The end of March marks my 8th time in prison. Even though I go there regularly, I am still surprised by how much the experience moves me. This year, I also brought my boyfriend Martin, which gave me additional, unexpected insights into the program.
In case you haven’t read my previous post, I travel to California to volunteer with the Freedom to Choose Project. You can read more about it here.
This weekend was the biggest group of prison participants that I remember – around 350+ inmates and about 70 volunteers. This growth is due to the word of mouth spreading within the prison about Freedomtochooseproject.org and how it transforms these women’s lives. More and more women are bringing their cellmates and friends to the workshops.
The first day began with many of the women standing up to share about their experience and awareness since the last time we were there, which was 6 months ago. We learned what makes this project so important to them.
One woman shared, “I was very resistant to change. I wasn’t open to anything. But, I heard the stories of others and so I came to check it out. I am a lifer, I’ve been here 11 years, [but since doing the last workshop] I have never felt so spiritually free. So, I began to share these tools with my family, and even though they haven’t been here, they use this stuff…and I can tell you, it’s broken a cycle hostility that has existed for generations.”
Another woman added, “Thank you so much for what you are doing. There is no way to adequately articulate what this means to us. This has an impact on us that you wouldn’t even believe. Even our own families don’t do what you guys do for us.” This comment made me realize how powerful just the act of showing up can be for these women – and for everyone in our lives.
I learned that just by showing up with the intention of really listening, I am a healing force. When a person is given the space to really express what is true for them and when they are given the space to be really heard, they often come to an experience of themselves they may never have had before.
I found it interesting how many of these offenders have been victims in their own lives.
One of the correctional officers pointed out that maybe as many as 95% of the women in the room had a history of some kind of abuse. Abuse creates shame, which is highly associated with violent and criminal behavior.
This isn’t about excuses for how these women ended up in jail. This work supports the women in understanding that they are in prison because of the choices they have already made, but it also supports them in really confronting themselves and their feelings. It supports self-responsibility, the reduction of shame, and it supports them in making different, more positive choices for themselves and those around them. And the amazing thing is that this all happens through giving someone the experience of really being heard rather than telling them what to do or how to be.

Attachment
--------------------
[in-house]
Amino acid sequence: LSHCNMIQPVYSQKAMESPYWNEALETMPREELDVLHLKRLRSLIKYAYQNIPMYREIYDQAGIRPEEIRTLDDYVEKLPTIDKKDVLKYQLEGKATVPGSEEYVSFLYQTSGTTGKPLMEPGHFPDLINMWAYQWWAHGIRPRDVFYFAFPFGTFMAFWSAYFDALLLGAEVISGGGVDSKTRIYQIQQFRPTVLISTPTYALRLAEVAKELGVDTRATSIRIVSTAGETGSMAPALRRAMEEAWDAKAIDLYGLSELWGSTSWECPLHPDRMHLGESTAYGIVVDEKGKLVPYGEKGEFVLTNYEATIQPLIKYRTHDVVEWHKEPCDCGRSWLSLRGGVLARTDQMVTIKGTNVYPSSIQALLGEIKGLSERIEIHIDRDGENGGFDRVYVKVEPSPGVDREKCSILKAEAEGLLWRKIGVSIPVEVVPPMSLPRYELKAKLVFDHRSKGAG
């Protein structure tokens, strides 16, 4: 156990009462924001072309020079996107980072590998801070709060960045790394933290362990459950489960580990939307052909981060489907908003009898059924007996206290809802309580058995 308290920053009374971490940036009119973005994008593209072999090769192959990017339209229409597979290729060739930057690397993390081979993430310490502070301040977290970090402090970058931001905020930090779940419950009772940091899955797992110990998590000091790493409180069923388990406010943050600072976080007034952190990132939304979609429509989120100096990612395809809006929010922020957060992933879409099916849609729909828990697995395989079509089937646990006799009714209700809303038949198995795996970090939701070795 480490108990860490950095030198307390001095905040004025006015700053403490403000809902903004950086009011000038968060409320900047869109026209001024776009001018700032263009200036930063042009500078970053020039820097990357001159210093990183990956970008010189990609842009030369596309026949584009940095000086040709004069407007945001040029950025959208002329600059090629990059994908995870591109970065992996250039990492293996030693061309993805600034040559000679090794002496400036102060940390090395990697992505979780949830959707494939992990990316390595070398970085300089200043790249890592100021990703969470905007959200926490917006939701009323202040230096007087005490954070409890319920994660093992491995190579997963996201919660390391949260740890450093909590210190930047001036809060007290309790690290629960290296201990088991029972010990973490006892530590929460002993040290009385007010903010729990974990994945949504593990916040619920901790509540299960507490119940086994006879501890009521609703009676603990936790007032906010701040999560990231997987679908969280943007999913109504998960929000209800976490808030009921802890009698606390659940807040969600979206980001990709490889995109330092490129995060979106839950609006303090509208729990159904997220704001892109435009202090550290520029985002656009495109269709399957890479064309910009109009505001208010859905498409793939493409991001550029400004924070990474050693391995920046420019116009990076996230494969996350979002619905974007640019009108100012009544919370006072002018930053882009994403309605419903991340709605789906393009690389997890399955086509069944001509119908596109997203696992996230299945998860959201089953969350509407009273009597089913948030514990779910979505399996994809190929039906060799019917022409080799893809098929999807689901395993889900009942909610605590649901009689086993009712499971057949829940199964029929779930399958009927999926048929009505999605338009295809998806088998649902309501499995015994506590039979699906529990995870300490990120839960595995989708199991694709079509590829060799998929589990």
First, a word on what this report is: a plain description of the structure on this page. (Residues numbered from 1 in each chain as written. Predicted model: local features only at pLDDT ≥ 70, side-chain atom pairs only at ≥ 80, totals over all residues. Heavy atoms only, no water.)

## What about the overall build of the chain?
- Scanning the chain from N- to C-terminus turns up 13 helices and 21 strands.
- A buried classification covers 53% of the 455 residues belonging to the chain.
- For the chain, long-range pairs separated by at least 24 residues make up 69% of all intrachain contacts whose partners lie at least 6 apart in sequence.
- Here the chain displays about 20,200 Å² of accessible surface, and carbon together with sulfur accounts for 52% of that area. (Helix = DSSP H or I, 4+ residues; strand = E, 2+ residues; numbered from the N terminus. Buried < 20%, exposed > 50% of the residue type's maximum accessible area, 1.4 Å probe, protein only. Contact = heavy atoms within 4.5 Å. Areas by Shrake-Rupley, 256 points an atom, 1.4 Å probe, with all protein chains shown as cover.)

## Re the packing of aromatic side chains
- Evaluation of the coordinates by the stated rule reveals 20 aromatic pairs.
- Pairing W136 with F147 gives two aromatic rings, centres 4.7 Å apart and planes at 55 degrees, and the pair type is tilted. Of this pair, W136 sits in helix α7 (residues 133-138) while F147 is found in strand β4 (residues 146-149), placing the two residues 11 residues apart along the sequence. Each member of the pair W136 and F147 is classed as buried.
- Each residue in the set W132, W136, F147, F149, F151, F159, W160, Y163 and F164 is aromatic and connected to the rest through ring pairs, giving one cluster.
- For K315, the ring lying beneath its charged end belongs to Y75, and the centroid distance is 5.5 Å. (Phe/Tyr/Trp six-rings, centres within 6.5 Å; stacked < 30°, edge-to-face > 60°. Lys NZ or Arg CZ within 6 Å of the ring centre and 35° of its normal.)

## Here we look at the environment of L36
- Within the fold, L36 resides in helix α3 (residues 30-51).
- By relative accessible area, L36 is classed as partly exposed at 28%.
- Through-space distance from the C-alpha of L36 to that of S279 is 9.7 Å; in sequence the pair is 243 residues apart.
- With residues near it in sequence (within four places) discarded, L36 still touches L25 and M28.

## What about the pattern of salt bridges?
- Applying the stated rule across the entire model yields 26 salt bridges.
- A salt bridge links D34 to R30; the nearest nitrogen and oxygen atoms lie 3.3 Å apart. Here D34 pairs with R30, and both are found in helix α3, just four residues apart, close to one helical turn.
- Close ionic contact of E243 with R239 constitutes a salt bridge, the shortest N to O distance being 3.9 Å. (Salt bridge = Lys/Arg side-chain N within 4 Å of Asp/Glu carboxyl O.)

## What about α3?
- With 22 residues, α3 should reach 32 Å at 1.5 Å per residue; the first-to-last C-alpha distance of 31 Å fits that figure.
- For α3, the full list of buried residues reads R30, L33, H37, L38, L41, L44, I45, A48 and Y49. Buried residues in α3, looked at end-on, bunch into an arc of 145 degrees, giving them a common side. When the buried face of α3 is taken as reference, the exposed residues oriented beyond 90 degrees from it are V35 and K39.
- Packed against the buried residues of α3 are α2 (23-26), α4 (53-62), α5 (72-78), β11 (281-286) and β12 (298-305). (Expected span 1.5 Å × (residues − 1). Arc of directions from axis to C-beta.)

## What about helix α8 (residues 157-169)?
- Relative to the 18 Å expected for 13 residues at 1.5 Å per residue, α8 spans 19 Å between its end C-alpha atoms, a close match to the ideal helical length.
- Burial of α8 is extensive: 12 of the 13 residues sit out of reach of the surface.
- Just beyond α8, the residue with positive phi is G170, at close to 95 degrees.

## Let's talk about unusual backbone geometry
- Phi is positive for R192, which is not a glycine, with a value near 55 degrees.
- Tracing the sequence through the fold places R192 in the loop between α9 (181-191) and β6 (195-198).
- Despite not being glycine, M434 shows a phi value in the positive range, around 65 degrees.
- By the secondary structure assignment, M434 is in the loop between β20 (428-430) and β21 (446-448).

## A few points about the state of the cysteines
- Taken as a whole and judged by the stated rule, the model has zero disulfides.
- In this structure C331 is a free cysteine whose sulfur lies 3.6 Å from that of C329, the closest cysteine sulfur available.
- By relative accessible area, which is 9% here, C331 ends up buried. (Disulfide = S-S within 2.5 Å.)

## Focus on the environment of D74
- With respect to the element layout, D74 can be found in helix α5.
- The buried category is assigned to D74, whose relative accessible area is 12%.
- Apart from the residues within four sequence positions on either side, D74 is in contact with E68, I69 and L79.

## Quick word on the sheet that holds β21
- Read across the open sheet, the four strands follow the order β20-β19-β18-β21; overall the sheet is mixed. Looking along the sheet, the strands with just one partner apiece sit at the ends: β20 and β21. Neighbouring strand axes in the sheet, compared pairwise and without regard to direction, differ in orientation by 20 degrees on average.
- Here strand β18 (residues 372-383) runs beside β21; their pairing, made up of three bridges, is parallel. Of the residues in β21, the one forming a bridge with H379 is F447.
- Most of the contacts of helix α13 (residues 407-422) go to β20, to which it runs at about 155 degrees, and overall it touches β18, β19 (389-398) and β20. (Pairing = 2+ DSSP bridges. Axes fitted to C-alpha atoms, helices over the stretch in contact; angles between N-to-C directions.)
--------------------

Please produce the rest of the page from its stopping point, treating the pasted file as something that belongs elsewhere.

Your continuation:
Periodically during the weekend, I would look across the gym and see Martin’s 6’4” blond frame rise about a full head taller than everyone else in the room. I could see how engaged he was and how engaged the women he was talking to were. I recognized that for some, this may have been their first experience of being able to sit safely with a man and have an honest conversation.
Quite frankly, I wasn’t really sure how his volunteering with me was going to work out. I knew that his reason for doing this was mostly because he knew how important this work is to me and not because he had a lifelong quest to spend his weekend in a cement block gymnasium, filled with 350 maximum security inmates.
By both career and personality Martin is a “problem solver.” When not accompanying me to prison, he is a Director of Customer Success and project manager for a software company. And quite frankly, I wasn’t really sure how:
- He was going to take to the experience of just listening without giving advice to the women. 2. He was going to allow himself to be vulnerable enough to share freely and from the heart with the women he met there.
At the end, I asked Martin what he learned:
He shared, “No one I met, grew up saying I want to be a gangster, or a murderer, or do drugs. Many of the women had been left to their own devices in their lives to deal with the outside influences and issues…their only experience of “problem solving” may have been through violence.”
When we clear the negative beliefs, judgements and blocks that perpetuate negativity and imbalance, our natural impulse is towards healing, growth, and learning. This work powerfully honors and promotes that innate tendency.